Scene in South Bend: The Well
Marc Drake | Thursday, October 2, 2014
Java. Cup of Joe. Mud. Whatever one may call it, most college students will claim that coffee is a vital part of their daily life, and the city of South Bend eagerly provides numerous coffee shops to supply the large demand. Offering a variety of coffee shops to quench a caffeine fix, there are many places that students can choose to frequent, but few fuse quality coffee with community social action. “The Well” coffee shop in the River Park neighborhood of South Bend offers a haven for coffee lovers and artists, all while assisting the local community.
The Well opened in 2012 at 2410 Mishawaka Avenue as a project of River Park Grace Church. Open Wednesday through Friday, The Well is entirely donation-based and entirely run by volunteers. “Our main thing is we started as a group of people from a church that wanted to find a unique way of being a blessing to our specific community,” explains lead pastor Ashley Swanson. “And so we felt like this was a way we could provide, more than anything, a space for the community, where people could experience art and culture, and with that have a financial means to support different projects in the community”. Community is something that the folks at the well certainly know a great deal about. Cozily nestled between John Adams High School and Indiana University South Bend, The Well provides a protected space for individuals of varying ages to congregate together. “It’s like a safe place,” explains a barista from John Adams High School. “You feel really comfortable, and it’s not like anything bad is going to happen here. You just feel like it’s a nice vibe, and you feel good when you come in here.”
The atmosphere is largely shaped by the time of day one decides to visit. College students seeking a quick midday coffee or coming for a noon study session are soon replaced by aspiring thespians and musicians from John Adams. Regardless of the time of day, however, one factor remains constant at The Well: a smiling, volunteer barista eagerly greeting all patrons. “All of our profits go back specifically to the River Park community, and everybody that works here, all of our baristas, are volunteers, and everything that somebody pays is all suggested donation,” Swanson notes.
As soon as patrons enter The Well, the connection to local culture and the arts is apparent. Paintings by local artists adorn the walls. A bulletin board displays upcoming galleries and concerts. A schedule displays information about Friday open mic nights. A quick visit to their Facebook page reveals the commitment to the community as it describes a $500 “micro-grant” to any local non-profit chosen by patrons of the coffee shop. “I am running a group called Speak Michiana and we use this place as a venue for one of our first poetry readings, and we are trying to set up more in the future,” says one local artist as he explained factors influencing his decision to volunteer at The Well. “They were really cool when we asked could we set our first thing up, they were really excited about it … they’ve made really good use of this space and it’s amazing how successful they’ve been with just donations.”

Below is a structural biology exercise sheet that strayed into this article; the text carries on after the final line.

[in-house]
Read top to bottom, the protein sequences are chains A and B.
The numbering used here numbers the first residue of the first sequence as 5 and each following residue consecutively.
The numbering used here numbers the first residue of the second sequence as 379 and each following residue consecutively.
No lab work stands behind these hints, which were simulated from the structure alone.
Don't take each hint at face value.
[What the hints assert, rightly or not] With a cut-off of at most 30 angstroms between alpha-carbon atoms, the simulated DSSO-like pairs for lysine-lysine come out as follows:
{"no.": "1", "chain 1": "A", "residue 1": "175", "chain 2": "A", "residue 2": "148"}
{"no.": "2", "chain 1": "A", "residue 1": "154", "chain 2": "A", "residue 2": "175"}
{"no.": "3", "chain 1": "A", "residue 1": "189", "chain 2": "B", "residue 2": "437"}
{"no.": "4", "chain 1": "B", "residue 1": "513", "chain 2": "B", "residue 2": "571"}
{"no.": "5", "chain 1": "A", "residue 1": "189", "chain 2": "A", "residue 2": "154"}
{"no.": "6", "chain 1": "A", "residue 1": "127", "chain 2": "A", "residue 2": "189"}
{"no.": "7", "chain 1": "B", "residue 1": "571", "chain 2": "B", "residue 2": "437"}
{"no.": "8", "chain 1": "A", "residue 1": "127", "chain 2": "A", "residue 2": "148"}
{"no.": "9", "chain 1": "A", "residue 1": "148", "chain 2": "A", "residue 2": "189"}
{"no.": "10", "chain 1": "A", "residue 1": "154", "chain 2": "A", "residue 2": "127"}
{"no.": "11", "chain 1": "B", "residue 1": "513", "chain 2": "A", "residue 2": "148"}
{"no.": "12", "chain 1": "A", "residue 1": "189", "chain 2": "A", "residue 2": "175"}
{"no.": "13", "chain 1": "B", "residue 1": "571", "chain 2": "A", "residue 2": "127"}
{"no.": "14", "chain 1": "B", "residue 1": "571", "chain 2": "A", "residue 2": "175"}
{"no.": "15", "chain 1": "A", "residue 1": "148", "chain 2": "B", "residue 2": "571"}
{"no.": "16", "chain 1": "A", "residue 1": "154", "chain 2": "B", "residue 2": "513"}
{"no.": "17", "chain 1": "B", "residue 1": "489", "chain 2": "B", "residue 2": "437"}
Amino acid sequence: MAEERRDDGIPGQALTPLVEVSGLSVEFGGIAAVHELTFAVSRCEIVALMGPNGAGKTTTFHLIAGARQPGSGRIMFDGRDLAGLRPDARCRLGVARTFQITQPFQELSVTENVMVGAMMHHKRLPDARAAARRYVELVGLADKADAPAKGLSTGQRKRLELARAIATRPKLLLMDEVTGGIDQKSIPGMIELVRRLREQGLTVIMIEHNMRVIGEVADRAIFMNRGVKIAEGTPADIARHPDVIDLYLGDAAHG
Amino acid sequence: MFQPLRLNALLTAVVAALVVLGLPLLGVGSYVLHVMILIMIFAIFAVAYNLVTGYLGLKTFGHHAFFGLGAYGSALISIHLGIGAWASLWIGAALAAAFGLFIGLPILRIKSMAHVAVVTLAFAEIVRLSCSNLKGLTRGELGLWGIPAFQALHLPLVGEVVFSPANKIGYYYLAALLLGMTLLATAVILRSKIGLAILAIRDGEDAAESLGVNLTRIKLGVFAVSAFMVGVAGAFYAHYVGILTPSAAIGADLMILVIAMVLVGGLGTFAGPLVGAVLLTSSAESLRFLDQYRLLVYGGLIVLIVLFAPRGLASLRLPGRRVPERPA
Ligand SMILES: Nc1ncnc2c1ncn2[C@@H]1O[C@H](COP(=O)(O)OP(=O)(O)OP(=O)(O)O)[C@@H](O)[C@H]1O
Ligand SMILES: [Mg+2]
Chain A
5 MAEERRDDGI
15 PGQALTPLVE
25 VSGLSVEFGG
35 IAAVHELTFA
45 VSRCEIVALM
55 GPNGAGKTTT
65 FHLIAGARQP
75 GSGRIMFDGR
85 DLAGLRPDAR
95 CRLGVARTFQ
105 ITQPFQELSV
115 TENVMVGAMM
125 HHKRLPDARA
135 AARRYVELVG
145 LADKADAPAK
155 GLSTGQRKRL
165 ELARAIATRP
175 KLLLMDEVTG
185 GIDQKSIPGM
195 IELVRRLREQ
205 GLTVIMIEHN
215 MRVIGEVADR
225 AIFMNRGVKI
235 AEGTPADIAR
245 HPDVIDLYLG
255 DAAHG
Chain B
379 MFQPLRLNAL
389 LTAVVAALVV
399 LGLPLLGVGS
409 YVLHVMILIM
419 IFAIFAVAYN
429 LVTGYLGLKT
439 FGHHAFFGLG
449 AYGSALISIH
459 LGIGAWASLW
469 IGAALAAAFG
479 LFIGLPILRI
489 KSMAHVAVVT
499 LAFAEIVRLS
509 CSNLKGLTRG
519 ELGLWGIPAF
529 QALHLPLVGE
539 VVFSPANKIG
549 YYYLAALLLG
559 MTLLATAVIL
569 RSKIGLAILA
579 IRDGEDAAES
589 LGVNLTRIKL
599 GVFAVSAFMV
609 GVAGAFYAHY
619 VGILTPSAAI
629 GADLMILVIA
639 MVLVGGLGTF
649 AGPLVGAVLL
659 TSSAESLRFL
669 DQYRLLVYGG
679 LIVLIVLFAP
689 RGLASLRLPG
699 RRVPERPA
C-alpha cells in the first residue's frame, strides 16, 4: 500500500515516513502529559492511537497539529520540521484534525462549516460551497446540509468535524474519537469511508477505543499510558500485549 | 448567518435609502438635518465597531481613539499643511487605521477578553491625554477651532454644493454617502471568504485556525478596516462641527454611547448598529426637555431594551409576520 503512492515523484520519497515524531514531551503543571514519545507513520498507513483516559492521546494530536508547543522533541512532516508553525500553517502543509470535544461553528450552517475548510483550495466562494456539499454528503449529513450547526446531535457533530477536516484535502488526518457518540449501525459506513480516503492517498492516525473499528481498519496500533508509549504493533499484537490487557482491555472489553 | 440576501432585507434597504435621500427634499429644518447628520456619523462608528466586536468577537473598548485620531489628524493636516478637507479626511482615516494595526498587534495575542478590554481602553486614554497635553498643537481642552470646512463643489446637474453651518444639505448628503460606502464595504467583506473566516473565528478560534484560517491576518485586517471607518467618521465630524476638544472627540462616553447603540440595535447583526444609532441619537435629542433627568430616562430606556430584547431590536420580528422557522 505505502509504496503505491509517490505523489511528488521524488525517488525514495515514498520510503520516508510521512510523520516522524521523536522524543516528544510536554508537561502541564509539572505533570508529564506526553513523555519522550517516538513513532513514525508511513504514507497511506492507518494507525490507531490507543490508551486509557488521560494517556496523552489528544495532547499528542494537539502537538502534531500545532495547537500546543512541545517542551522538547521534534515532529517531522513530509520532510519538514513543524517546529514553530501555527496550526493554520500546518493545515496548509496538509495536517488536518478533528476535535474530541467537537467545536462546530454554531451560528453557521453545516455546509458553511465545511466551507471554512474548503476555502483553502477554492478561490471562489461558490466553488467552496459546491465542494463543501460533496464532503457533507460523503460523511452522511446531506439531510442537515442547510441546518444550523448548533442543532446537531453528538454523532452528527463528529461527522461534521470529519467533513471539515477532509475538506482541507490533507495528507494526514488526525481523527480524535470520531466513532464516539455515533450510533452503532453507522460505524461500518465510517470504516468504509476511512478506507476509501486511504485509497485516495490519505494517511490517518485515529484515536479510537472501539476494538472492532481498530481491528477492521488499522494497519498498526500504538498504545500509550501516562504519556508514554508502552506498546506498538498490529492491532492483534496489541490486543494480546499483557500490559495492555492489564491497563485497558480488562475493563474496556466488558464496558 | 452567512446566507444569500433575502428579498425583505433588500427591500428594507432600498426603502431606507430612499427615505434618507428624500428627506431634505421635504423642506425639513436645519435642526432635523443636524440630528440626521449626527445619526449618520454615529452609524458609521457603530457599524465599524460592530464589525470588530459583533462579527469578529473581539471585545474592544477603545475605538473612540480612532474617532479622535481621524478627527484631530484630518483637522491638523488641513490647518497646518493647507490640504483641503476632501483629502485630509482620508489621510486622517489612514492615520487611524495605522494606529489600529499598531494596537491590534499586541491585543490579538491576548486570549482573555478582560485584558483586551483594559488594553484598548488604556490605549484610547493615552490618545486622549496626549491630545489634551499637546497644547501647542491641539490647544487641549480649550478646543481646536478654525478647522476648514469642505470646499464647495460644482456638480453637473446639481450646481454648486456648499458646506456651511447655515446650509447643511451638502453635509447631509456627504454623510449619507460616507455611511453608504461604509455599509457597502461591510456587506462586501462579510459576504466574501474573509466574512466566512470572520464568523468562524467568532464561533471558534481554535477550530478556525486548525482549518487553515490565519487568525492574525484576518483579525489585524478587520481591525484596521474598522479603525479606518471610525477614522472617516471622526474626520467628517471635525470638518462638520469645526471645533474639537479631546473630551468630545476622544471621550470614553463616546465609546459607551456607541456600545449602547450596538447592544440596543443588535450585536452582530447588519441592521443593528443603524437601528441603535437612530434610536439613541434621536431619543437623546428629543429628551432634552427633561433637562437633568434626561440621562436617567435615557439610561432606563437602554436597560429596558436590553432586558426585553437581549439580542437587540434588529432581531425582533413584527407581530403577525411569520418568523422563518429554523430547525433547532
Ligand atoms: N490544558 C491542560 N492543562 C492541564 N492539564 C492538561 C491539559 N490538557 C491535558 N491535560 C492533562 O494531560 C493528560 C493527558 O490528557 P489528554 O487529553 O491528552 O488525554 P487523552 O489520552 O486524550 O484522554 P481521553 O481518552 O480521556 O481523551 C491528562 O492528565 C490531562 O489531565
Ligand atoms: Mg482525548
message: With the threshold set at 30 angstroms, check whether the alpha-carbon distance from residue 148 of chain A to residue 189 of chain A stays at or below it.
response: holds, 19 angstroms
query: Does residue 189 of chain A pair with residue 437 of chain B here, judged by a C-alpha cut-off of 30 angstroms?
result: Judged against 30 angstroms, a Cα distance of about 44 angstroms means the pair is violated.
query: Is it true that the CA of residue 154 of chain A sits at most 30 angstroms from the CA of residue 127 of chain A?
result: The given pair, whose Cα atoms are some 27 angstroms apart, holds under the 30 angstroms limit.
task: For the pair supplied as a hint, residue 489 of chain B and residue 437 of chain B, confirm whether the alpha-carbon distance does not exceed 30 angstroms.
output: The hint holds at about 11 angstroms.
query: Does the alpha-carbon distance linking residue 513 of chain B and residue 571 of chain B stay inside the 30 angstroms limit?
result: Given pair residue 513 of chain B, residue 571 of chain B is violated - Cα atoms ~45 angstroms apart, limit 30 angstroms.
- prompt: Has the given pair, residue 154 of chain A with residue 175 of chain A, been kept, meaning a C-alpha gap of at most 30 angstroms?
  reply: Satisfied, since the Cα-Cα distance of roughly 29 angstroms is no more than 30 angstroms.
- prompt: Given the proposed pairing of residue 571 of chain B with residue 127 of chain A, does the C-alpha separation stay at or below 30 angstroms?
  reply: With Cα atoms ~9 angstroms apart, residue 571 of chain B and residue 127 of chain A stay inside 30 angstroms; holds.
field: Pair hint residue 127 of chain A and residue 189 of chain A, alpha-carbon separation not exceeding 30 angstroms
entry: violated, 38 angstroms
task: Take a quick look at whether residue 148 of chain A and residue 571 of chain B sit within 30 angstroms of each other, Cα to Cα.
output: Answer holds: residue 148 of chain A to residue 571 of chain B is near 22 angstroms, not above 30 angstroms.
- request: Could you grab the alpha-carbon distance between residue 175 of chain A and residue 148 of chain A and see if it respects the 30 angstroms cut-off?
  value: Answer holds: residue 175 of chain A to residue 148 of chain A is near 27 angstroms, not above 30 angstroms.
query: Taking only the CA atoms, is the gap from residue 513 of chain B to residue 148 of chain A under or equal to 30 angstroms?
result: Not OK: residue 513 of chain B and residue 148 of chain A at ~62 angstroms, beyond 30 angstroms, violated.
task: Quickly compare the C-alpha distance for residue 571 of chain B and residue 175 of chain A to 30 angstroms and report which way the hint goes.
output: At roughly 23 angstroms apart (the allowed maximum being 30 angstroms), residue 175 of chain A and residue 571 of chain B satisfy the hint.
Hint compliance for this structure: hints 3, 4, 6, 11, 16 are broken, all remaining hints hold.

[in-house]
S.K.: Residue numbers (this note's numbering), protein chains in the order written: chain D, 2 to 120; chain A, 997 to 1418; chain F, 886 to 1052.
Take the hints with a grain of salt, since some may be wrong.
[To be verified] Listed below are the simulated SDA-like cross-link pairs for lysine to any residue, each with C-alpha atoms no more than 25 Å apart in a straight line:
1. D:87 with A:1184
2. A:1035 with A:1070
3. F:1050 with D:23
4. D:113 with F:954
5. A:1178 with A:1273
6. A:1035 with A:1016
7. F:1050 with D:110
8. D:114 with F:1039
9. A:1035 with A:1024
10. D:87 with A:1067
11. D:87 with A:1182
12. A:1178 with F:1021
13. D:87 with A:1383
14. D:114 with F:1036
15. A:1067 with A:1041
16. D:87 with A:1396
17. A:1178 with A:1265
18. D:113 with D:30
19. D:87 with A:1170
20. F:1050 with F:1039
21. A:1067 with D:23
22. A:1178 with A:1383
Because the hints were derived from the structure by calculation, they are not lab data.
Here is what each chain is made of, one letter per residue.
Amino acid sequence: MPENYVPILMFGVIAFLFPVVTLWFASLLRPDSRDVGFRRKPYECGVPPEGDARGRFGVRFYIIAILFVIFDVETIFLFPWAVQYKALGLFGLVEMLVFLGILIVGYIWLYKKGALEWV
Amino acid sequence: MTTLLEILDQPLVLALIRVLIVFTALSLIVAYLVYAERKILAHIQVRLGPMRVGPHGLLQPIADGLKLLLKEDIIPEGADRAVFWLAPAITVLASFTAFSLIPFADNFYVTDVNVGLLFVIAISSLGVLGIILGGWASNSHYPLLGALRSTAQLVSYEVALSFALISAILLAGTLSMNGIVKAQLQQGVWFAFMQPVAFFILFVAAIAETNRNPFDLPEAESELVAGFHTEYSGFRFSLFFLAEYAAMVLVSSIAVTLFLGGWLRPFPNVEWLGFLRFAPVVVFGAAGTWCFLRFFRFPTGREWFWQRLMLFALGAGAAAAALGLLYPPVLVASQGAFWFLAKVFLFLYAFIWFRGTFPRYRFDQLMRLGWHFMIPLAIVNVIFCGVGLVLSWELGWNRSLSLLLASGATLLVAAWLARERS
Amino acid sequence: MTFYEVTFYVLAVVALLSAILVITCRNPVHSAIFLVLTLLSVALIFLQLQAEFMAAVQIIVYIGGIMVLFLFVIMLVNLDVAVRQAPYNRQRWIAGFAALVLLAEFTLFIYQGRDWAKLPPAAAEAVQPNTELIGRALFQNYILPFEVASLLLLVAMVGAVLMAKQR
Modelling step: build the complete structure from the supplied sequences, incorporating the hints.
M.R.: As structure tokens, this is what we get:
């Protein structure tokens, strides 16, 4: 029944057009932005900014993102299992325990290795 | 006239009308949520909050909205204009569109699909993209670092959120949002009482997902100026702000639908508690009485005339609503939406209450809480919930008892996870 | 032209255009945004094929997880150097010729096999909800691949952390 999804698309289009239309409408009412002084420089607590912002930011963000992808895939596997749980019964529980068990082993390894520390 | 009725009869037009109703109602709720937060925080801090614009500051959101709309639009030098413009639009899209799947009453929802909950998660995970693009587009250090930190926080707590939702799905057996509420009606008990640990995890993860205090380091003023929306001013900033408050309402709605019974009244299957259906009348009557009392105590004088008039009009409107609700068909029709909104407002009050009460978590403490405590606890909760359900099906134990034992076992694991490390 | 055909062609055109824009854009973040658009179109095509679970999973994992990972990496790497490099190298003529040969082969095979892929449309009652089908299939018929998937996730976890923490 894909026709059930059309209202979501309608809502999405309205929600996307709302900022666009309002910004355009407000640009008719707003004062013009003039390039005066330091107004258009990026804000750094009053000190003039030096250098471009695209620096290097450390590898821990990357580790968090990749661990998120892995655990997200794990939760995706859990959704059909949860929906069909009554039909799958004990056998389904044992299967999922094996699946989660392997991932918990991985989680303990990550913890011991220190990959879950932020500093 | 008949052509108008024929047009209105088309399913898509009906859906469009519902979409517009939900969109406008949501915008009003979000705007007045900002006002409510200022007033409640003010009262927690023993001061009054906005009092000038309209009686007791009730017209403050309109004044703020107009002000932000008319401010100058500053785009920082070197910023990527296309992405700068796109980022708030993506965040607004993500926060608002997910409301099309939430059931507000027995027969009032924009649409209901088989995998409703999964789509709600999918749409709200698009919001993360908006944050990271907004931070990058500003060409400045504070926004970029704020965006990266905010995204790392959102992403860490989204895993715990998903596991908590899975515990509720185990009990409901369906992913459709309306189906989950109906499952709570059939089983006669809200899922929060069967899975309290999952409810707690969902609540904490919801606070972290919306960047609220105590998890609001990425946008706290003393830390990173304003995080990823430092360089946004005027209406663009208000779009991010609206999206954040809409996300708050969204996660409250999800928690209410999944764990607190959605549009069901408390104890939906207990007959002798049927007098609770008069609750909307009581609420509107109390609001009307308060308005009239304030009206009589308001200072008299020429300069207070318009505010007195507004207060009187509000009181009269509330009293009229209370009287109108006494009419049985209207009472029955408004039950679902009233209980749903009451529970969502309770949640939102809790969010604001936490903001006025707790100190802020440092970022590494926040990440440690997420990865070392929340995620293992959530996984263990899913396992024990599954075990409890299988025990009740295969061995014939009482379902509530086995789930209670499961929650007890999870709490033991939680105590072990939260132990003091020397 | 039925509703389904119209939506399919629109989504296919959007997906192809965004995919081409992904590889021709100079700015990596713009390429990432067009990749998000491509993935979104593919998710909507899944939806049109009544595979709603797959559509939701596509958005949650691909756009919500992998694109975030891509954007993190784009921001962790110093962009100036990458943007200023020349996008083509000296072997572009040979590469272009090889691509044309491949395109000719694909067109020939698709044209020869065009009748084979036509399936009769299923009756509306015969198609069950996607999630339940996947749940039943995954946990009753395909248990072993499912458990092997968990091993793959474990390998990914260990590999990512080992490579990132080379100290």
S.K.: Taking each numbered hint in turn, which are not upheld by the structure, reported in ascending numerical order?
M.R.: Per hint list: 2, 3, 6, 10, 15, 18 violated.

Pastor Ashley Swanson continues to describe the progress The Well has made in promoting local art: “We want to enhance the conversation behind the art, so we have a meet-the-artist event with each artist that comes, and most of the music we try to keep local. We want to give people a platform to do their music … for the first time ever, we are backed up about 4-6 months in terms of art, with people wanting to host their art here, and we’re really excited about that.”
In terms of disposable income, college students have a reputation of being pressed for cash. For many students, coffee unfortunately acts as a big expense each week as they search for a way to power through their busy schedules. The Well coffee shop enables visitors not only to get quality coffee, but see their cash go back towards the community. And after experiencing all of the positive things The Well is doing in the community, you just might be tempted to volunteer yourself.